Grand Forks Herald Editorial: Dakota Access Protesters Want Villain to Rally Against

A recent editorial published by the Grand Forks Herald exposes the Standing Rock Sioux Tribe’s tactics used to spread falsities about law enforcement and strengthen unity for their cause.

More recently, it’s clear that some protesters still want a villain to rally against. Some of their actions even seem designed to bring back the spectre of King George III and his Redcoats. Setting barricades on fire, charging police while on horseback and resisting arrest all look like efforts to make police use force. Then the idea is to put video that force on social media, where it’s likely to make police look bad.

Law enforcement has demonstrated a highly professional, restrained response to the increasingly violent anti-pipeline protesters. Authorities have been able to effectively handle a delicate situation without overreacting and playing into the hands of law breakers.

Thanks to this restraint, which comes at real risk to the officers’ safety, North Dakota officials credibly can refute protesters’ wilder claims. Arrestees were kept in “dog kennels”? No, they were held for hours—not days—in indoor chain-link-fence enclosures, simply because the local jails are full. Suspects had numbers inked on their arms, “like in concentration camps”? No; a mark from a pen is not a tattoo, and wanting to link people with their possessions—stored separately in numbered plastic bags—is a world away from genocide.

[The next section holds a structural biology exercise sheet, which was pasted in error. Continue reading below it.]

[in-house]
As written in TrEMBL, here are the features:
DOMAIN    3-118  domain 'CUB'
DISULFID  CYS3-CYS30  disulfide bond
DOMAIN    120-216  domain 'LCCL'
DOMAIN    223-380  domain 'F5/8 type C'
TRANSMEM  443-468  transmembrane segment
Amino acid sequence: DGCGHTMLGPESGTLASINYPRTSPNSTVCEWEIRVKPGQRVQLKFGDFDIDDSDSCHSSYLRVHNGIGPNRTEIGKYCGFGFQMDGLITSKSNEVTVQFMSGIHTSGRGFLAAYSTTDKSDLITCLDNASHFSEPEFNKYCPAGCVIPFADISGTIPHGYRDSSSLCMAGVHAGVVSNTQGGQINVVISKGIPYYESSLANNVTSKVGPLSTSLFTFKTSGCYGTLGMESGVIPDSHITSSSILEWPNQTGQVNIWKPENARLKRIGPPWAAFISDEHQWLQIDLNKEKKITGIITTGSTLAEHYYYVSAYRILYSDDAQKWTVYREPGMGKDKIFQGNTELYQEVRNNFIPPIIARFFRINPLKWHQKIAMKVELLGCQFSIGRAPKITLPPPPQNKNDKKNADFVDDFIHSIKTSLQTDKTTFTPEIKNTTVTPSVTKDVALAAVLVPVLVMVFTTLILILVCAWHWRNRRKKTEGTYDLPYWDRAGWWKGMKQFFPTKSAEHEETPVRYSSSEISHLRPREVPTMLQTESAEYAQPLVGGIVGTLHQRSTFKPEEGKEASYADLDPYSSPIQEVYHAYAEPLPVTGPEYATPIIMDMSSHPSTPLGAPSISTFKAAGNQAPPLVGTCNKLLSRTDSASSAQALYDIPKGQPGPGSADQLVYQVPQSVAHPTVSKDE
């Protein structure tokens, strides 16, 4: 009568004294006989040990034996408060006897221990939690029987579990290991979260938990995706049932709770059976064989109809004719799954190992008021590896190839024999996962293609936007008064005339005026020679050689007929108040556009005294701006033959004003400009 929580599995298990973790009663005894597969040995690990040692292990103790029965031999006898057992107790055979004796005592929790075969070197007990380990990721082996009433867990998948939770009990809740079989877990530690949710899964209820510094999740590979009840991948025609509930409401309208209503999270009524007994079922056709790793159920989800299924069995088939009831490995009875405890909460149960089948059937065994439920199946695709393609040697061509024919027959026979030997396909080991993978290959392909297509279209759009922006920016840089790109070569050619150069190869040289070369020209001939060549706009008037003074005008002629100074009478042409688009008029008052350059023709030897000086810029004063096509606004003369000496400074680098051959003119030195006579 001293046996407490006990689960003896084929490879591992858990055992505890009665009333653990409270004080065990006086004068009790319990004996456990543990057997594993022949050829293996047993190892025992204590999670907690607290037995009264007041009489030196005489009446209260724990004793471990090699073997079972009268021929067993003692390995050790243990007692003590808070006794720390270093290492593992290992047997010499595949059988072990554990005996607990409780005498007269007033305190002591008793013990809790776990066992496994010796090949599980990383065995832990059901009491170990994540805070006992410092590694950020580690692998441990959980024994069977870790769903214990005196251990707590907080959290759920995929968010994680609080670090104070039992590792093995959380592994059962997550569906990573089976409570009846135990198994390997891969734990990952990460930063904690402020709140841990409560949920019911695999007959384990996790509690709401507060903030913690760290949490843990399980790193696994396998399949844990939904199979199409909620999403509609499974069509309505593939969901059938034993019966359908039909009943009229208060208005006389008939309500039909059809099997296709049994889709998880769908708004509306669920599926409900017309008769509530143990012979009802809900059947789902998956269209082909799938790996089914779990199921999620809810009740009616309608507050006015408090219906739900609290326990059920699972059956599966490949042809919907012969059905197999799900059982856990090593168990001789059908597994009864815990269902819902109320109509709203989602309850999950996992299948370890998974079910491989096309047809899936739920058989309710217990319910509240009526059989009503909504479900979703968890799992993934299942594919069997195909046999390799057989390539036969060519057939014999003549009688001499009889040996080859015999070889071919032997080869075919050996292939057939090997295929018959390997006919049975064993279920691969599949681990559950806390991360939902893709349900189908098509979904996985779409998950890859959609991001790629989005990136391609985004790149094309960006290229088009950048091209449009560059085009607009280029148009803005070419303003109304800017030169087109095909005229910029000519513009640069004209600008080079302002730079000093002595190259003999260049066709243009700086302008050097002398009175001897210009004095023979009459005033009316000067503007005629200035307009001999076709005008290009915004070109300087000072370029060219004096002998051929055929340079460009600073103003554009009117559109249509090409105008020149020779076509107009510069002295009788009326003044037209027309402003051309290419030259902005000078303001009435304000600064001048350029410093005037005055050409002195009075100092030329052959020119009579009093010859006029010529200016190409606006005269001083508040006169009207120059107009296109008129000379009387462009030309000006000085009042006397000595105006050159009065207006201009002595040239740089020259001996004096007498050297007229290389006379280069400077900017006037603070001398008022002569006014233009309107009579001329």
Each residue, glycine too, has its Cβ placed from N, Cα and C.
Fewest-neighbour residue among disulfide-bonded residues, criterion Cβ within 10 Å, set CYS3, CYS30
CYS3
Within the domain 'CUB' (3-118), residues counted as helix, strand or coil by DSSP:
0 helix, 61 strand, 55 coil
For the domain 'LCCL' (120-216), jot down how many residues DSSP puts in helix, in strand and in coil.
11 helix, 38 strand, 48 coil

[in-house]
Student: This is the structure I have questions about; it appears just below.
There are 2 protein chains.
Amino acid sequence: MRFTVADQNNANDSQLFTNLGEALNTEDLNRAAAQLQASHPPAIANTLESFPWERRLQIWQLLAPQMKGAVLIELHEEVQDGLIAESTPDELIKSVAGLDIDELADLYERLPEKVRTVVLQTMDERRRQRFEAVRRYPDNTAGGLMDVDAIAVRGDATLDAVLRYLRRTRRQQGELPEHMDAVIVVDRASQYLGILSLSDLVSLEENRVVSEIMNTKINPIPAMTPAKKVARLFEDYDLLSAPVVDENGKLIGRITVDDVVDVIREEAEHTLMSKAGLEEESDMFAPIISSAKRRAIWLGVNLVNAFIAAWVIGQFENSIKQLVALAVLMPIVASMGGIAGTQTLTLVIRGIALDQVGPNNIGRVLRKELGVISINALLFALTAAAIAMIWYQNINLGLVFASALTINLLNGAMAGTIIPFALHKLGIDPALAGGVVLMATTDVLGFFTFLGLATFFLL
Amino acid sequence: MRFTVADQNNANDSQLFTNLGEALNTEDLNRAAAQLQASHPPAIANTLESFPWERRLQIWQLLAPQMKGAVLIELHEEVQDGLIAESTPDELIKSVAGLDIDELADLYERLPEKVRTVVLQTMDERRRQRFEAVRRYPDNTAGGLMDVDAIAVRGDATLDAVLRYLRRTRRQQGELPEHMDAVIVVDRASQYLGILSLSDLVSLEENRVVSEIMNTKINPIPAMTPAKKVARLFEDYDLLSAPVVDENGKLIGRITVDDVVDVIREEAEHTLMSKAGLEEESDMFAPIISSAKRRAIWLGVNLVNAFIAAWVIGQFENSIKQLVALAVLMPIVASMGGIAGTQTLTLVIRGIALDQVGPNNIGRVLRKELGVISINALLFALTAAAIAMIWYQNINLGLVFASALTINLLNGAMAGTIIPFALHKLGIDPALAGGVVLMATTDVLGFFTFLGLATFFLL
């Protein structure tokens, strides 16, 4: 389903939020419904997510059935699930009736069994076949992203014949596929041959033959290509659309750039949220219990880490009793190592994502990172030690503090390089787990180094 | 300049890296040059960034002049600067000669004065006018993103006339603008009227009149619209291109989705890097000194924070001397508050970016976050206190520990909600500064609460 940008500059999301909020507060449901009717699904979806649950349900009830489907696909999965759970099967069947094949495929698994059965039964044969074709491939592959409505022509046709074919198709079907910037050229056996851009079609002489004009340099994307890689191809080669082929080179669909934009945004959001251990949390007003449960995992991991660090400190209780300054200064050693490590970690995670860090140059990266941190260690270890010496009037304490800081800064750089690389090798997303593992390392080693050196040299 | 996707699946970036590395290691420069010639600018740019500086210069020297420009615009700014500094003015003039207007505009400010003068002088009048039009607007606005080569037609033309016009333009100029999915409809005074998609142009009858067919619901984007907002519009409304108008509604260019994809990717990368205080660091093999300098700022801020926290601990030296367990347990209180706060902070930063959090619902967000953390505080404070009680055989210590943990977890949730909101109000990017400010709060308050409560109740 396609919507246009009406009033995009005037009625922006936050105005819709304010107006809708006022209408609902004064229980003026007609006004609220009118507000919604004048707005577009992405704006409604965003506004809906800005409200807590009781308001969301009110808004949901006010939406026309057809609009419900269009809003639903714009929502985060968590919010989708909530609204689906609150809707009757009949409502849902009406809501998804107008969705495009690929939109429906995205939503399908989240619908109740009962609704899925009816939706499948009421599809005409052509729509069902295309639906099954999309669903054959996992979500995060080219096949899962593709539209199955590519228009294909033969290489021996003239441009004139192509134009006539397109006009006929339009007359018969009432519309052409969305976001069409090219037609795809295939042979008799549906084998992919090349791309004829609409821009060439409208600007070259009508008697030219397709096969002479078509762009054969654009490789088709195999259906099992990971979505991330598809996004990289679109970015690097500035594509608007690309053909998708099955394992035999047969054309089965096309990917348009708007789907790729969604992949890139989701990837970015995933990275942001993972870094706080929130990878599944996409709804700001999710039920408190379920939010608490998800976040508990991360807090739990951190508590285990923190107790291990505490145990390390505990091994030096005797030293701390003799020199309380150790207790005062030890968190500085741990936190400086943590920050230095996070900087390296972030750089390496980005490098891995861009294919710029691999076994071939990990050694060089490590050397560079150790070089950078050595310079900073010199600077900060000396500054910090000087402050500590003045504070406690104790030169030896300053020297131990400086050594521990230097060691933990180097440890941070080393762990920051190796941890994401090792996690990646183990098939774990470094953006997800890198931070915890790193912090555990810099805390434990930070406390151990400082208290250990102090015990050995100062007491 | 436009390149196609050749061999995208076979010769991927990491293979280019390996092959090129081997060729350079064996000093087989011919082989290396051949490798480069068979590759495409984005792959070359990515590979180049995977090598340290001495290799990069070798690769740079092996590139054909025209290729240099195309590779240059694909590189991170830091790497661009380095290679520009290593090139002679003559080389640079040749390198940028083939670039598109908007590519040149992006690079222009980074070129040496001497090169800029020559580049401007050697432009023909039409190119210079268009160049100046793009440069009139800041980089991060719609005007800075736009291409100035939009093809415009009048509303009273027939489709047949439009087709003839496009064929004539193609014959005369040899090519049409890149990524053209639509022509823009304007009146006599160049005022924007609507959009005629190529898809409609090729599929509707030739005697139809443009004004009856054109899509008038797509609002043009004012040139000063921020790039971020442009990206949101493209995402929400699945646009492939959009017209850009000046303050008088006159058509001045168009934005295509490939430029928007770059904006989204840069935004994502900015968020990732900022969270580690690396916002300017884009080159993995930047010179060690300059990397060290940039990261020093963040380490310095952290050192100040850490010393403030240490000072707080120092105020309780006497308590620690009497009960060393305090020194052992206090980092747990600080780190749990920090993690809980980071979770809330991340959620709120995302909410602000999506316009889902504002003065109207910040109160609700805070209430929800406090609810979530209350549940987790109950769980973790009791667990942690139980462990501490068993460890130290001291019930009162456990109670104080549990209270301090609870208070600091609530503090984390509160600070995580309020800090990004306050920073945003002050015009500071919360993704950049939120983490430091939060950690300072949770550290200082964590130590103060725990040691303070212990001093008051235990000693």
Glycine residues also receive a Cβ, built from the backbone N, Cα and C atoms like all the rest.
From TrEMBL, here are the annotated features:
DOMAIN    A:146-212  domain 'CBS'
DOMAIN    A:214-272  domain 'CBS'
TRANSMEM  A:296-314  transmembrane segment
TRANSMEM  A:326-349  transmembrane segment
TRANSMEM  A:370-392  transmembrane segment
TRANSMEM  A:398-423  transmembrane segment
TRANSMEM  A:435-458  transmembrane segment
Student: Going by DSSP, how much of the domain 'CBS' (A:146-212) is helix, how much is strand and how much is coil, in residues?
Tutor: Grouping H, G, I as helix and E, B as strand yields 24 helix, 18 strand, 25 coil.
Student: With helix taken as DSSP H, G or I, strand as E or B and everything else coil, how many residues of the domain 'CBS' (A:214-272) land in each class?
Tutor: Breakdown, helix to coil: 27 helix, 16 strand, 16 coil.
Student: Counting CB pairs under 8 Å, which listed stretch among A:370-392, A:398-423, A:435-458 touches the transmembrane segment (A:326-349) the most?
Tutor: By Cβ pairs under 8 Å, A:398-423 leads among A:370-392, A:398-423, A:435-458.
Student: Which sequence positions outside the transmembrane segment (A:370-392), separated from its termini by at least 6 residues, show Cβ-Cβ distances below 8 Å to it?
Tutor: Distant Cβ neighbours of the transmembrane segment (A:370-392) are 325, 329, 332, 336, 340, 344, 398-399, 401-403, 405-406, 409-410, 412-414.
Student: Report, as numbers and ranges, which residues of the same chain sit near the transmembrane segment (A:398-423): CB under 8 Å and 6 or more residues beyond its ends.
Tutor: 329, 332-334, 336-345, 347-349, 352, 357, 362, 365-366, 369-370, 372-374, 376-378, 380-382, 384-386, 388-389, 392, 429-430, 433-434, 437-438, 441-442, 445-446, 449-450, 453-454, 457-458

The Grand Forks Herald hit the nail on the head with this thoughtful analysis. Law enforcement have deserve both our respect and gratitude maintain order in a hostile environment.

North Dakota Media Calls for Construction to Continue

The Grand Forks Herald published an editorial which called for construction of the Dakota Access Pipeline to continue and for the ongoing protest in Morton County to cease:

“In the eyes of the public, protesters who take the law into their own hands have two strikes against them.

Violence results in the third strike. That means the protest against the Dakota Access Pipeline is ‘out,’ and the protesters should heed North Dakota Lt. Gov. Drew Wrigley’s call to disperse.”

In the wake of nearly three dozen arrests, and ongoing reports of continued violence, trespassing, and threats to law enforcement and construction workers, not to mention a siphoning of state resources. It appears that these protesters have worn out their welcome in Morton County.

If there was a case to be made, it should have been made long ago at the three public hearings that were held by the Public Service Commission and not at the expense of public safety and North Dakota taxpayers. But since these groups did not bother to show up, it’s certainly not the time to make these points now, nor is it ever acceptable to commit the violent and illegal actions committed to date by these protesters.